Archive for August 4th, 2022

Guaranteeing freedom of payment choice: access to cash in the euro area

August 4, 2022

Alejandro Zamora-Pérez in this ECB Bulletin Article says cash is still the dominant form of payment in the Euroarea. Hence, Eurosystem (ECB plus national central banks) is ensuring that they continue to provide cash as a freedom of payment choice:

The Eurosystem is committed to the principle that every individual in the euro area should be able to decide how to make day-to-day payments, regardless of their individual payment preference, geographical location or technological savviness. On the basis of the ECB’s most recent data, despite the gradual decline in cash transactions, cash is the most popular payment instrument among euro area citizens for day-to-day transactions at the point of sale or person-to-person payments. In addition, cash is used for savings and liquidity, especially in times of crisis or uncertainty.

Satisfying demand for cash requires a sophisticated physical infrastructure involving central banks and private intermediaries in the distribution of banknotes and coins to both citizens and businesses. However, as seen in other economies, a decline in the use of cash for payments may lead to a reduction in the cash services provided by credit institutions. This can in turn make it more difficult or costly to withdraw cash, especially for vulnerable groups or those living in geographically remote areas, who sometimes have no access to other means of payment.

To help prevent this situation, the Eurosystem carefully monitors the development and extent of cash services in the euro area and analyses current measures to counter any deterioration in cash services in a timely manner. The Eurosystem does this as part of its responsibility to ensure freedom of payment choice and access to cash for all citizens. This article looks at the issue of access to cash (Section 1), recent trends in cash access points (Section 2), ways to measure access to cash (Section 3) and initiatives to guarantee access to cash (Section 4).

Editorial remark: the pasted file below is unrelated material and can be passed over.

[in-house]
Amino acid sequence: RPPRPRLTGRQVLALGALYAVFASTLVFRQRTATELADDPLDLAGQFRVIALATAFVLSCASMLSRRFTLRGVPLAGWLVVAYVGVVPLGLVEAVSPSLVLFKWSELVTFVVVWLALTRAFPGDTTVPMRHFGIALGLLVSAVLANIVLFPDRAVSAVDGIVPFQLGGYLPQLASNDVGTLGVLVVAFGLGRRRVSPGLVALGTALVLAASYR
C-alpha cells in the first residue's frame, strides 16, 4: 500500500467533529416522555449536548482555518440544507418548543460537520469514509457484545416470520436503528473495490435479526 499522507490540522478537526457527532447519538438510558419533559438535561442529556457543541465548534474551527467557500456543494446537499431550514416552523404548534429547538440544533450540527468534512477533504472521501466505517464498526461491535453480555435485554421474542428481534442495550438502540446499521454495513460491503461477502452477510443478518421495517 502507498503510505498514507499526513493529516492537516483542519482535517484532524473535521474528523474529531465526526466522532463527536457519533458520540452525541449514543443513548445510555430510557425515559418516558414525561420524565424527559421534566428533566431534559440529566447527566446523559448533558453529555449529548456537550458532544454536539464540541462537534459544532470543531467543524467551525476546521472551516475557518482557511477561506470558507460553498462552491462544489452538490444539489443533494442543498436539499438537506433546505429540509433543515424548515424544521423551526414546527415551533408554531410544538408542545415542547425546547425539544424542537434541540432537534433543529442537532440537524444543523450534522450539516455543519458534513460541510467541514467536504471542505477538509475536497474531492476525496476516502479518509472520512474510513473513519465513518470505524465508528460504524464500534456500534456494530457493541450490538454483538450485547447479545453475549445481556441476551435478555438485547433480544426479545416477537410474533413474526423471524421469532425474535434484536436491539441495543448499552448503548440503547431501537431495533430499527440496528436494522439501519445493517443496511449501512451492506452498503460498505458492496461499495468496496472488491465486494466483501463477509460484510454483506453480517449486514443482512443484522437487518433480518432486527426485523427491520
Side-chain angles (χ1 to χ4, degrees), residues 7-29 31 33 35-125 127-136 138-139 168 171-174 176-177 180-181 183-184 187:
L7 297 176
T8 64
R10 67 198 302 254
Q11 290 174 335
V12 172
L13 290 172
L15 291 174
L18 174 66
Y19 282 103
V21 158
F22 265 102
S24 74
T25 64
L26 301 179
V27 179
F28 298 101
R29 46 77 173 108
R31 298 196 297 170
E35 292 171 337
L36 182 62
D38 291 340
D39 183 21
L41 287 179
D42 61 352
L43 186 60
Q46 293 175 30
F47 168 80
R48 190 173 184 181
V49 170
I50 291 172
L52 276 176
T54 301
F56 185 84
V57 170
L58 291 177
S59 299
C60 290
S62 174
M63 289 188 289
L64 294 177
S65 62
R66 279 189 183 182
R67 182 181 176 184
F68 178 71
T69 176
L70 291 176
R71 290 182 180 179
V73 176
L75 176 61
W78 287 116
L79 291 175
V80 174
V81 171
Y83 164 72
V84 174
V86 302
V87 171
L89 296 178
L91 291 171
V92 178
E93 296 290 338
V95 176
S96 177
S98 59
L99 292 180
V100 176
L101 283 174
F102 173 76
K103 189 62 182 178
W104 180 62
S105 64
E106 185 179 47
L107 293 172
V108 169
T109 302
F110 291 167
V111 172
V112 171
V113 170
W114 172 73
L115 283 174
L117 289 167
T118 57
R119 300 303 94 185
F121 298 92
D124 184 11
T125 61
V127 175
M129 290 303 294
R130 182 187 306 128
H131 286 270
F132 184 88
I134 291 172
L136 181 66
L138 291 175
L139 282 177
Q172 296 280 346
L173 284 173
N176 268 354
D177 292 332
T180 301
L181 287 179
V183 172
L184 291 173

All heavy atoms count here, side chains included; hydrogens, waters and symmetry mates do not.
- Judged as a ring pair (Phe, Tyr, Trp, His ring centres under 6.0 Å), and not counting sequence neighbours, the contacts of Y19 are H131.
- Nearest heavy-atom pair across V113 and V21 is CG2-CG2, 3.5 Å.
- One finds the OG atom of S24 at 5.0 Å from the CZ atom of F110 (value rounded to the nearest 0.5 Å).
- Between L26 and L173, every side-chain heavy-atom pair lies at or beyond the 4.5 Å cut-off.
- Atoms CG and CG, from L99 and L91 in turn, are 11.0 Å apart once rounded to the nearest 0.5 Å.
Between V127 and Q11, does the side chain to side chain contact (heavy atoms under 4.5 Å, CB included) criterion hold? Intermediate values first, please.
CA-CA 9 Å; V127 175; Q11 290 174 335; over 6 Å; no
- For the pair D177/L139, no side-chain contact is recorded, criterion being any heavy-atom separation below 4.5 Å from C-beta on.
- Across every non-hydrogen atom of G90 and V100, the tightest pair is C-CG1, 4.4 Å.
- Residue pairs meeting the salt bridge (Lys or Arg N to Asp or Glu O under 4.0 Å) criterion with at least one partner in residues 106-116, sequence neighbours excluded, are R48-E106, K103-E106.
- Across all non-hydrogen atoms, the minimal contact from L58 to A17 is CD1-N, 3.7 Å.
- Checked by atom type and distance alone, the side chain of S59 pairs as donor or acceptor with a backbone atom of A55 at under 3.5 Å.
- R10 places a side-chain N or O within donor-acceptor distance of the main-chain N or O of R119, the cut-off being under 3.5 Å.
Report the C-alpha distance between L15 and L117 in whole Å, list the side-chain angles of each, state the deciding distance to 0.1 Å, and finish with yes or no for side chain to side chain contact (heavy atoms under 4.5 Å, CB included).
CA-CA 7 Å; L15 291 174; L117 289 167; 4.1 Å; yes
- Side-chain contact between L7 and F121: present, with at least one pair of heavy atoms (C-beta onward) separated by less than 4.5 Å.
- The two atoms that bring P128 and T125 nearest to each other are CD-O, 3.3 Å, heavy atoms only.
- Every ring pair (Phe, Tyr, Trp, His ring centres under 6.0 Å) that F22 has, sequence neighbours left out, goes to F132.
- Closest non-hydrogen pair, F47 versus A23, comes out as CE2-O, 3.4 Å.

Welcome to the world of general disequilibrium

August 4, 2022

Brian Reading in this OMFIF post:

Official forecasters use econometric models which assume all markets return simultaneously to general equilibrium in the medium term. Cost-push inflationary surges are transitory and subdued by equally transitory higher unemployment. Financial markets never upset the applecart. History and theory demonstrate that disequilibrium rotates between product, labour, financial and traded goods markets. Some are always out of kilter at any one time. When one market corrects it distorts others. Forecasters must explain what is happening in terms of general disequilibrium. Here is a crude attempt to do so. The key message is income and wealth distribution matter.

Market equilibrium is illustrated graphically by curves. Movement along and shifts in curves are the vital ingredients, best explained by the labour market Phillips curve. This plots wages against unemployment. The more unemployment, the weaker wages. Fiscal and monetary policy cause movements along this curve. Tax cuts stimulate demand, reduce unemployment and raise wages, fuelling demand-pull inflation. Shocks, such as oil price explosions, shift the Phillips curve with more inflation at all levels of unemployment. This is cost-push inflation. Reducing inflation to its equilibrium moves unemployment above its equilibrium and vice-versa.

He says IS-LM model does not help understand today’s problems. Explains how the events since China’s opening up led to lower inflation and lower output followed my multiple crises of 2008, 2020 and 2022.

In the end:

The intensity of the 2020s wage-price spiral is potentially as great as in the 1970s because of inequitable income and wealth distribution. The danger of depression is much greater thanks to financial market disequilibrium. Higher interest rates are inevitable because of the Bank of England’s policy obligations. Recession and brutal strikes mean indexation, especially of linked bonds, will deny the public purse an inflation bonus. A dramatic financial market asset price correction must follow and not from increased real incomes.

Income and wealth distributions are at the heart of the matter. They are totally neglected in official forecasts and policy planning. The Office for Budget Responsibility should be required to report on the distribution consequences of fiscal policy and the Chancellor of the Exchequer should aim to reduce Gini coefficients.

 


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